Oral health-related quality of life is used increasingly as a person-reported outcome measure in oral health research. This use requires detailed understanding of the factors that influence and those which may act to confound or mediate the relationship between clinical status and OHRQoL. OHRQoL is an important health outcome, and an understanding of its determinants is necessary to inform the design and evaluation of interventions to enhance it. OHRQoL is a multidimensional construct that reflects amongst other things, people’s comfort when sleeping, eating, and engaging in social interaction, their self-esteem, and their satisfaction with respect to their oral health. OHRQoL is associated with functional factors, psychological factors, social factors and experience of pain or discomfort.
Though evidence suggests a relationship between burnout and oral disorders, there is dearth of information on the relationship between burnout and oral health. Furthermore, the relationship between burnout and oral health along with oral health related quality of life among Nigerian doctors especially the early career doctors (ECDs) has not been previously reported. Similarly, the role of confounders such as sociodemographic factors, dental care utilization and oral maintenance behavior has been sparingly accounted for in existing literature on stress and oral health. This study aims to determine the relationship and correlation between burnout and oral health-related quality of life, while also identifying the role other possible predictors plays in this relationship.
Study design, location, and participants
This was a cross-sectional study conducted amongst Nigerian ECDs as part of Challenges of Residency Training in Nigeria (CHARTING) II project. The protocol for this project has already been described in a previous publication, in which ECDs were described as medical or dental practitioners in the early phase of their professional career post-graduation, this includes house officers, resident doctors and medical officers below the rank of principal medical/dental officer (PMO/PDO) . The study was conducted in a total of 31 tertiary hospitals in Nigeria. Respondents included in this study were ECDs who had been employed for at least 3 months in their hospital. Doctors in cadres such as principal medical and dental officers (PMO/PDO) and consultants were excluded from the study. All ECDs provided written informed consent to be recruited into the study. Ethical approval was obtained from the National Health Research Ethics Committee of Nigeria (NHREC/01/01/2007-06/08/2020B).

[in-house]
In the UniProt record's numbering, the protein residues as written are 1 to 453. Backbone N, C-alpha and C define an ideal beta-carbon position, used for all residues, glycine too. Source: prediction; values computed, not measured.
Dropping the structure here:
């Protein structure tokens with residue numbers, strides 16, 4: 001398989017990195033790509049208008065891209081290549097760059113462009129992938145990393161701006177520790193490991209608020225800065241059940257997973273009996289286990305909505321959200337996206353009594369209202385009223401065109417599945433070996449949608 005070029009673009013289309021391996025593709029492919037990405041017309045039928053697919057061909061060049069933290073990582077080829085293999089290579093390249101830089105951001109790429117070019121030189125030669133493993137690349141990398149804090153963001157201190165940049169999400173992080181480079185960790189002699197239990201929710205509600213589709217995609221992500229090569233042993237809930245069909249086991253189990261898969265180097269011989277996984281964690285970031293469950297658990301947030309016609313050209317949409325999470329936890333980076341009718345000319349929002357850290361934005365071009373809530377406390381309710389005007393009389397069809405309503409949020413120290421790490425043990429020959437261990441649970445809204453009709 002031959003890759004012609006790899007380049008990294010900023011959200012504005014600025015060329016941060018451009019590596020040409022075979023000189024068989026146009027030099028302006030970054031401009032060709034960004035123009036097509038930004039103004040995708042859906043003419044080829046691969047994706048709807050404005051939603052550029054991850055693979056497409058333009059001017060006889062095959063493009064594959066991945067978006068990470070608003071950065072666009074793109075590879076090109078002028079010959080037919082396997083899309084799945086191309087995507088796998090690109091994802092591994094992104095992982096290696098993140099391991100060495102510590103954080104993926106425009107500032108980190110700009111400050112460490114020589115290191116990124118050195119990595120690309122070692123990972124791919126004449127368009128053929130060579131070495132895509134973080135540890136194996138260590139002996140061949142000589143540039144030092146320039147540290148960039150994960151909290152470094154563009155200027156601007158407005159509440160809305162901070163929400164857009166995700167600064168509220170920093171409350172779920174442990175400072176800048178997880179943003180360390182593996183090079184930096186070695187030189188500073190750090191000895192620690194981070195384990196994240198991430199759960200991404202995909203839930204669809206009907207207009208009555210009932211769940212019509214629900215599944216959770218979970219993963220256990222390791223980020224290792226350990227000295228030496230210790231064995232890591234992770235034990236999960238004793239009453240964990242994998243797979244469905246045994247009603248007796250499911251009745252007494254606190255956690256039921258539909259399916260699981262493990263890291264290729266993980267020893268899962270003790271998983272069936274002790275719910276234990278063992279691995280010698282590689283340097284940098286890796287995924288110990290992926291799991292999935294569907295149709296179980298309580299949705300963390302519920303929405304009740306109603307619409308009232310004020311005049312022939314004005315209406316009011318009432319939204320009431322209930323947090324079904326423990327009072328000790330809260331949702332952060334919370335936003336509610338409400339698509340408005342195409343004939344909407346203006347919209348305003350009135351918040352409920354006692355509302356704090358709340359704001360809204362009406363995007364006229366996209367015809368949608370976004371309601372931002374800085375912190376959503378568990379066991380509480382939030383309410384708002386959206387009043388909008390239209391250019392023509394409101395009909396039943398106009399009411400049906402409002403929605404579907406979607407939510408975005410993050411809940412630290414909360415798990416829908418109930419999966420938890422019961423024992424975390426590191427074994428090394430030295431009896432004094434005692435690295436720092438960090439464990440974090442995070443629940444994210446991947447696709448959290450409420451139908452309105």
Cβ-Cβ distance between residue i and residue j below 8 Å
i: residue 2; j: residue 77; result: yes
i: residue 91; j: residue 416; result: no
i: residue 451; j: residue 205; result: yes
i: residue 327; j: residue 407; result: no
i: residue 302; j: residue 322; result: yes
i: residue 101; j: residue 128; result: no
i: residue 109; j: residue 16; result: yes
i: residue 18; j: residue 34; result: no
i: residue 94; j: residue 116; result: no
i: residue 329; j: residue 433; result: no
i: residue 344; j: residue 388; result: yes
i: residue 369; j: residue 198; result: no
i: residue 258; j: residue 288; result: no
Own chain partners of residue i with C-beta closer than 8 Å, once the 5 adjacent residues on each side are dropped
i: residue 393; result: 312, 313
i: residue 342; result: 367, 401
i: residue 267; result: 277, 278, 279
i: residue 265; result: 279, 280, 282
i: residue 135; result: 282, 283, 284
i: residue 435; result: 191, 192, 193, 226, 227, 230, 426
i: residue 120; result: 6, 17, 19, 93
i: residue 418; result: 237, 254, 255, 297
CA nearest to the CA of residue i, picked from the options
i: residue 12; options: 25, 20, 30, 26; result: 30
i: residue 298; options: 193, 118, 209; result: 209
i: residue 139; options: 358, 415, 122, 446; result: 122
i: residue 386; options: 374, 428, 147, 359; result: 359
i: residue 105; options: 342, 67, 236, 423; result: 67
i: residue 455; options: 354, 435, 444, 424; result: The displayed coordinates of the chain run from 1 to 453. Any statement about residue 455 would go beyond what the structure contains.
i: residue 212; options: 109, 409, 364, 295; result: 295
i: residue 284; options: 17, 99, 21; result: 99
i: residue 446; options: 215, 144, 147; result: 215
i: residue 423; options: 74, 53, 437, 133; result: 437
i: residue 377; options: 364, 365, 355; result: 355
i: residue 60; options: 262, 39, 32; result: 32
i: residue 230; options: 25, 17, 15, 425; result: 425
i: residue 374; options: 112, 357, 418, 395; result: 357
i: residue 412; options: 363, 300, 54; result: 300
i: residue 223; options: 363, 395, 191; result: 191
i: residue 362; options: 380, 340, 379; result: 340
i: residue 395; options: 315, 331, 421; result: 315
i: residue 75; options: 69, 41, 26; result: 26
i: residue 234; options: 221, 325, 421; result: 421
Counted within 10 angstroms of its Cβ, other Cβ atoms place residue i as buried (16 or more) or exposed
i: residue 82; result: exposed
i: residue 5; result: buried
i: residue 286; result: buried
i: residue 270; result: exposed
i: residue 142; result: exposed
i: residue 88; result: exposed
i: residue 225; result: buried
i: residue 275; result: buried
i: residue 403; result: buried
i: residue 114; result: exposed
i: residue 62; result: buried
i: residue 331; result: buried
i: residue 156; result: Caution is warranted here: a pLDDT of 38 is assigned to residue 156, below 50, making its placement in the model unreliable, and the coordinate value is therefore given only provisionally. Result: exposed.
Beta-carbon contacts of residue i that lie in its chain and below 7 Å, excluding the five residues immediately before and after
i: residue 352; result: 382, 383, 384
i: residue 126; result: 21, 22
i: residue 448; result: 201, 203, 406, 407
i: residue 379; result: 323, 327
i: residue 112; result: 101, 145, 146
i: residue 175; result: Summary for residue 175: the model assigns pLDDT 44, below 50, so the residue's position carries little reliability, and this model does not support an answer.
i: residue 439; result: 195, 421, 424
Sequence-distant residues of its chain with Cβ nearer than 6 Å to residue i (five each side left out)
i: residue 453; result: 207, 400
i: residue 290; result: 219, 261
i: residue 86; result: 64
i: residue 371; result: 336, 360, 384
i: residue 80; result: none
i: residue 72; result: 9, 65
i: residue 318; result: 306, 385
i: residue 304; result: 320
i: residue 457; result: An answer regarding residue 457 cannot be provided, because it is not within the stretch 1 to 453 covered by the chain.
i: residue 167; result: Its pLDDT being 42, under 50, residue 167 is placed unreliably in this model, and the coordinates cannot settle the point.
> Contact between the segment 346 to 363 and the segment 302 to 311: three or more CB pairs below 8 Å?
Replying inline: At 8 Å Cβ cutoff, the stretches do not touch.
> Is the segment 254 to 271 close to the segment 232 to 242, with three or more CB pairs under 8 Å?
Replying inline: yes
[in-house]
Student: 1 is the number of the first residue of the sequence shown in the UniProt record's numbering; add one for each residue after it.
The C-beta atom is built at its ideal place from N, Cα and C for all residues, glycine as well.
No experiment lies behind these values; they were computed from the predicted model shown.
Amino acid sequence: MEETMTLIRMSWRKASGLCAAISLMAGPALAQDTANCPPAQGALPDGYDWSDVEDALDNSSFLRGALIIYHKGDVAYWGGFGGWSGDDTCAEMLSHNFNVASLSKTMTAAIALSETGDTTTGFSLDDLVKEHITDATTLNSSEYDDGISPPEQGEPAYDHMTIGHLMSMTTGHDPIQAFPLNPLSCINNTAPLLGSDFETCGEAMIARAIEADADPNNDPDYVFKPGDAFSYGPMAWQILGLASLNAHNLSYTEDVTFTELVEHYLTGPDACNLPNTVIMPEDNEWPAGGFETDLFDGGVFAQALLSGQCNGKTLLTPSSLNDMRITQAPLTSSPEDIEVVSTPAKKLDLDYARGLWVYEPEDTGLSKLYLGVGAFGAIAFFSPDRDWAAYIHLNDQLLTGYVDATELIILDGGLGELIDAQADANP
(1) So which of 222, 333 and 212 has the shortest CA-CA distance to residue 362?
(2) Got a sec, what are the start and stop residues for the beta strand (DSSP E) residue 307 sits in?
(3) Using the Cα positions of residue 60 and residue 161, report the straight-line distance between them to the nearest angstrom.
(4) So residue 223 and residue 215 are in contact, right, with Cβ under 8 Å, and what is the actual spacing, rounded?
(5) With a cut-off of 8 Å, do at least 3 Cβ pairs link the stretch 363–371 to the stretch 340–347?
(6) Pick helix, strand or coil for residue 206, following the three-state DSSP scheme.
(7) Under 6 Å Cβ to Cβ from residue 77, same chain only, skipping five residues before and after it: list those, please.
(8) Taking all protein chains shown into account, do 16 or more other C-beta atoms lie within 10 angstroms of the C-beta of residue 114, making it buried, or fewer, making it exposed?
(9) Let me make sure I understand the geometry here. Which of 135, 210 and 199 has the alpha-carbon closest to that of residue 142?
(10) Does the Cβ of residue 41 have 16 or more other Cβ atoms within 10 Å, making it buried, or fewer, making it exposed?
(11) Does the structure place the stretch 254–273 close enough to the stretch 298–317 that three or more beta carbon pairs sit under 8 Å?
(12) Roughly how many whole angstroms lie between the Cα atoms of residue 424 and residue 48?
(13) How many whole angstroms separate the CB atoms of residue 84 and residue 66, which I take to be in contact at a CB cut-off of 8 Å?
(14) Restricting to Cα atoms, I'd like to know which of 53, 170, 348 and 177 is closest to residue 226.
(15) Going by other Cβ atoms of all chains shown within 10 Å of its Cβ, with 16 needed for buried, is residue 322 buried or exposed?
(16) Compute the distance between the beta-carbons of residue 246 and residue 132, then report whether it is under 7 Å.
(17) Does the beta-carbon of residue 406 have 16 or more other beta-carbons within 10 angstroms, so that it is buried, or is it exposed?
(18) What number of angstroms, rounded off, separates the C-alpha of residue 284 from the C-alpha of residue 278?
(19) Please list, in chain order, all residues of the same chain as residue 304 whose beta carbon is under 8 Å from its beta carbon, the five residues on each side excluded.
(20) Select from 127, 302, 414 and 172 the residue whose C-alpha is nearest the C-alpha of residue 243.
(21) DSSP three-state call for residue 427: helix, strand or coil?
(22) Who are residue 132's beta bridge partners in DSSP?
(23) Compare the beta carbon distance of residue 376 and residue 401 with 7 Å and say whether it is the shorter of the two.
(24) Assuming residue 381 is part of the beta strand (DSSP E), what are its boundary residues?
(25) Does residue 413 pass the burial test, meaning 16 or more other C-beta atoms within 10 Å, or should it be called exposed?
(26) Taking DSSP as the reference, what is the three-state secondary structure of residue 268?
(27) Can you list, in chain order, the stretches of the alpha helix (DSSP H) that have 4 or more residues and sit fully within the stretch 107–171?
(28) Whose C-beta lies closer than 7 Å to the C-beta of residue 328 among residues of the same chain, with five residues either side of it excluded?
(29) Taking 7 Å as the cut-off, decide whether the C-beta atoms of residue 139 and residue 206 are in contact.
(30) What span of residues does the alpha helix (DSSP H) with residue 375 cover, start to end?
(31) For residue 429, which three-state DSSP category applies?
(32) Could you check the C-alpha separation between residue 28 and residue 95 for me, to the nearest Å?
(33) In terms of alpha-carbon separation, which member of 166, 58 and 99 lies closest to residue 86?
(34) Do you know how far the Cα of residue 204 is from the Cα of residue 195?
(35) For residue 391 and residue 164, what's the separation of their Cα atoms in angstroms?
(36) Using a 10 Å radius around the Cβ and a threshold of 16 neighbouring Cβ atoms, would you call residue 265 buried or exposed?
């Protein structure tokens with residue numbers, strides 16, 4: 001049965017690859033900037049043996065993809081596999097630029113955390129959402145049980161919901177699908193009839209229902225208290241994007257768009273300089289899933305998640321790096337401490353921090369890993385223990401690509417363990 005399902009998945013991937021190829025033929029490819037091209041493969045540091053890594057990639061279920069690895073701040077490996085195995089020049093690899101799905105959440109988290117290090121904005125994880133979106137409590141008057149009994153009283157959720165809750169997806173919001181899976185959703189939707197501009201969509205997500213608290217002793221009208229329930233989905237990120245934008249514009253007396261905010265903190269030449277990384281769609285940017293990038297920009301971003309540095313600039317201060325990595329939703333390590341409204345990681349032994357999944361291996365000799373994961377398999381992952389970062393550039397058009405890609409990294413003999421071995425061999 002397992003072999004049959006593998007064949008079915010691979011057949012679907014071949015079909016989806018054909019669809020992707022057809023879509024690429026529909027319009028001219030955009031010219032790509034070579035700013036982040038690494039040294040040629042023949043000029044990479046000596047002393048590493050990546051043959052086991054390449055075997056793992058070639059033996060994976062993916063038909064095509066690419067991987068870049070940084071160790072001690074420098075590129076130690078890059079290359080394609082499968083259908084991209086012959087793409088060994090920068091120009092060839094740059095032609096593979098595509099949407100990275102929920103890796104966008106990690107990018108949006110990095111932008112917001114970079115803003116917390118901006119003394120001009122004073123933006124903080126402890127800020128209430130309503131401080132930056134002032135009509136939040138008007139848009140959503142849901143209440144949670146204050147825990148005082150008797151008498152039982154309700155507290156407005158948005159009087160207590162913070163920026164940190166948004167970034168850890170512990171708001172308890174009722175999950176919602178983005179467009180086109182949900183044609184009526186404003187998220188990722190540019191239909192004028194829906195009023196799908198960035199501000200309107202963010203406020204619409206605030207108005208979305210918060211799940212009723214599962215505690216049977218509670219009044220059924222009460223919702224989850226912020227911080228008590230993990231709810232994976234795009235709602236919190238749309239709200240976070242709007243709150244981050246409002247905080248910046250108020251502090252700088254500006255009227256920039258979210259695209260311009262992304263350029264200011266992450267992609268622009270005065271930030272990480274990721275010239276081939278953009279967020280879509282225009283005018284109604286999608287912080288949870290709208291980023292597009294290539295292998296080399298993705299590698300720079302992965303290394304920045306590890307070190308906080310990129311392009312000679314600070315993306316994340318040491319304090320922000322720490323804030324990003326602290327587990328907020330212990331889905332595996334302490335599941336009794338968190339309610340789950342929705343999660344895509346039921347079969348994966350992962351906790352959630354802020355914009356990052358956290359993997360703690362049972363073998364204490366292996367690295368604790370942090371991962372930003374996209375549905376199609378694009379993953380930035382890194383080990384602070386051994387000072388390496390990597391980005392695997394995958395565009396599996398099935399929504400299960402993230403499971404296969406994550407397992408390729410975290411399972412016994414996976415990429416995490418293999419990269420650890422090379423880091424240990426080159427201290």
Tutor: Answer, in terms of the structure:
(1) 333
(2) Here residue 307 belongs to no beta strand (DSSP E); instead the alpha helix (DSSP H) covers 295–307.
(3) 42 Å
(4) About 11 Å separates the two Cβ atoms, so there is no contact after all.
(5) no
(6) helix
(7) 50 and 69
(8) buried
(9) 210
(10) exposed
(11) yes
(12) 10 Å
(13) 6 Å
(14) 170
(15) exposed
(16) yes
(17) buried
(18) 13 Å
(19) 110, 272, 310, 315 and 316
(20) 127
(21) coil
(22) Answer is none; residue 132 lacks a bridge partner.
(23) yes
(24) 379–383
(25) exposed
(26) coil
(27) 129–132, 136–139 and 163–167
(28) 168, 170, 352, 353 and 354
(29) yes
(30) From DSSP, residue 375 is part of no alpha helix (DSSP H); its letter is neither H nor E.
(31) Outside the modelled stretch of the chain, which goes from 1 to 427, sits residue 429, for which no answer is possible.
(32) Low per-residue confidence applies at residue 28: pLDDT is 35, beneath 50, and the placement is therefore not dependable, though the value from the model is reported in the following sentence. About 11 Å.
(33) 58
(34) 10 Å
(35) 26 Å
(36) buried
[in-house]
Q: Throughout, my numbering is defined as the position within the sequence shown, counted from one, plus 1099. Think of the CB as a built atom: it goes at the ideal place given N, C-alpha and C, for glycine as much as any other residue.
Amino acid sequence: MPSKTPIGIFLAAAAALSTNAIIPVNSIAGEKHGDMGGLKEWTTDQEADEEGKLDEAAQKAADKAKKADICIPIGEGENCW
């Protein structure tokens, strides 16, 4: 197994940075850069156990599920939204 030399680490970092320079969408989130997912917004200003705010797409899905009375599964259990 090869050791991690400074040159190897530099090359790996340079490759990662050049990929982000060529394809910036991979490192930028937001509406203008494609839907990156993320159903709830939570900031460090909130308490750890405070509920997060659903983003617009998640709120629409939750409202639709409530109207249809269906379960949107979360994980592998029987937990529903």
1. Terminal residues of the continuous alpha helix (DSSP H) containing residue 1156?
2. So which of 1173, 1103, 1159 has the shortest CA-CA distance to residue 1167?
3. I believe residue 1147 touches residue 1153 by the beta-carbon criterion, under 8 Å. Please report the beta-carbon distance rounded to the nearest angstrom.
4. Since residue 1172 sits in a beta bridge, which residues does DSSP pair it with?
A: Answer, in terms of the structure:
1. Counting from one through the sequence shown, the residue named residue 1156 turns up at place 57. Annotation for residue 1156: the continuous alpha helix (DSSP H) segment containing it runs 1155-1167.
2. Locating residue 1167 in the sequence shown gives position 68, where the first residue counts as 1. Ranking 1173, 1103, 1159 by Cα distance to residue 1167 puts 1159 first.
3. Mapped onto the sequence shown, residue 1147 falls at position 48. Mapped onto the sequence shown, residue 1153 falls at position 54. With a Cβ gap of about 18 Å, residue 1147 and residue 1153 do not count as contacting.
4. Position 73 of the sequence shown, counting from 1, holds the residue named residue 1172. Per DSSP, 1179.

Sample size and sampling technique
Sample size was calculated based on the assumption of 50% prevalence of burnout amongst ECDs. Non-response rate of 10% and design effect was equally factored in based on the clusters. A sample size of 679 was arrived at using StatCalc® of EpiInfo7 produced by the Centre for Disease Control and Prevention. During data cleaning, participants with missing variables were removed and a total of 632 respondents were left, which was still above the minimum required sample size.
A multistage cluster sampling technique was used, and 31 centers were randomly selected using simple random sampling technique (balloting) from a list of all centres across the 6 geopolitical zones as follows: Northwest (5), Northcentral (7), Northeast (3), Southsouth (5), Southwest (9) and Southeast (2). Five to ten departments were then randomly selected using a simple random sampling technique (balloting) from a list of all the departments in each Centre. All willing and qualified participants in the selected departments were recruited.
Instrument and data collection
Prior to the conduct of the study, the questionnaire which was composed of standardized and validated study instruments was pretested amongst 57 ECDs (who were not part of the study participants) to ensure the questions were simple, concise, unambiguous and reflects all the options available to the respondents. Participants were given the questionnaire to fill twice within a 48-hour interval. The intra-respondent intra-class correlation coefficient for the Oral Health Impact Profile Score was 0.927 (92.7%), subsequently the questionnaire was adapted and adopted for use. The questionnaire was a self-administered paper-based semi-structured which was divided into 4 sections. Section one covered the sociodemographic characteristics of participants. Section 2 was on the oral health practices and other factors which were based on the WHO Oral Health Survey methods . Section 3 was on Copenhagen Burnout Inventory tool which had already been validated amongst early career doctors in Nigeria, and its Cronbach’s alpha internal consistency score greater than 0.8 in the three CBI dimensions . The final section was on the Oral Health Impact Profile (OHIP-14), a tool for assessing the oral health-related quality of life, which is a shortened form of the original OHIP-49 .
Oral hygiene practices.
To categorize the extent of sugar consumption by each participant, the response to each of the seven questions to determine sugar consumption was assigned scores ranging from 0 for “never” to 5 for “several times a day” with a maximum score of 35 obtainable. Scores within “0–10”, “11–20” and “21–35” were categorized as low, moderate, and high consumption respectively . Alcohol consumption was dichotomized based on if an individual had taken alcohol within the last 30 days or not. Similarly, tobacco use was dichotomized based on status of either smoking/chewing tobacco in any form or not.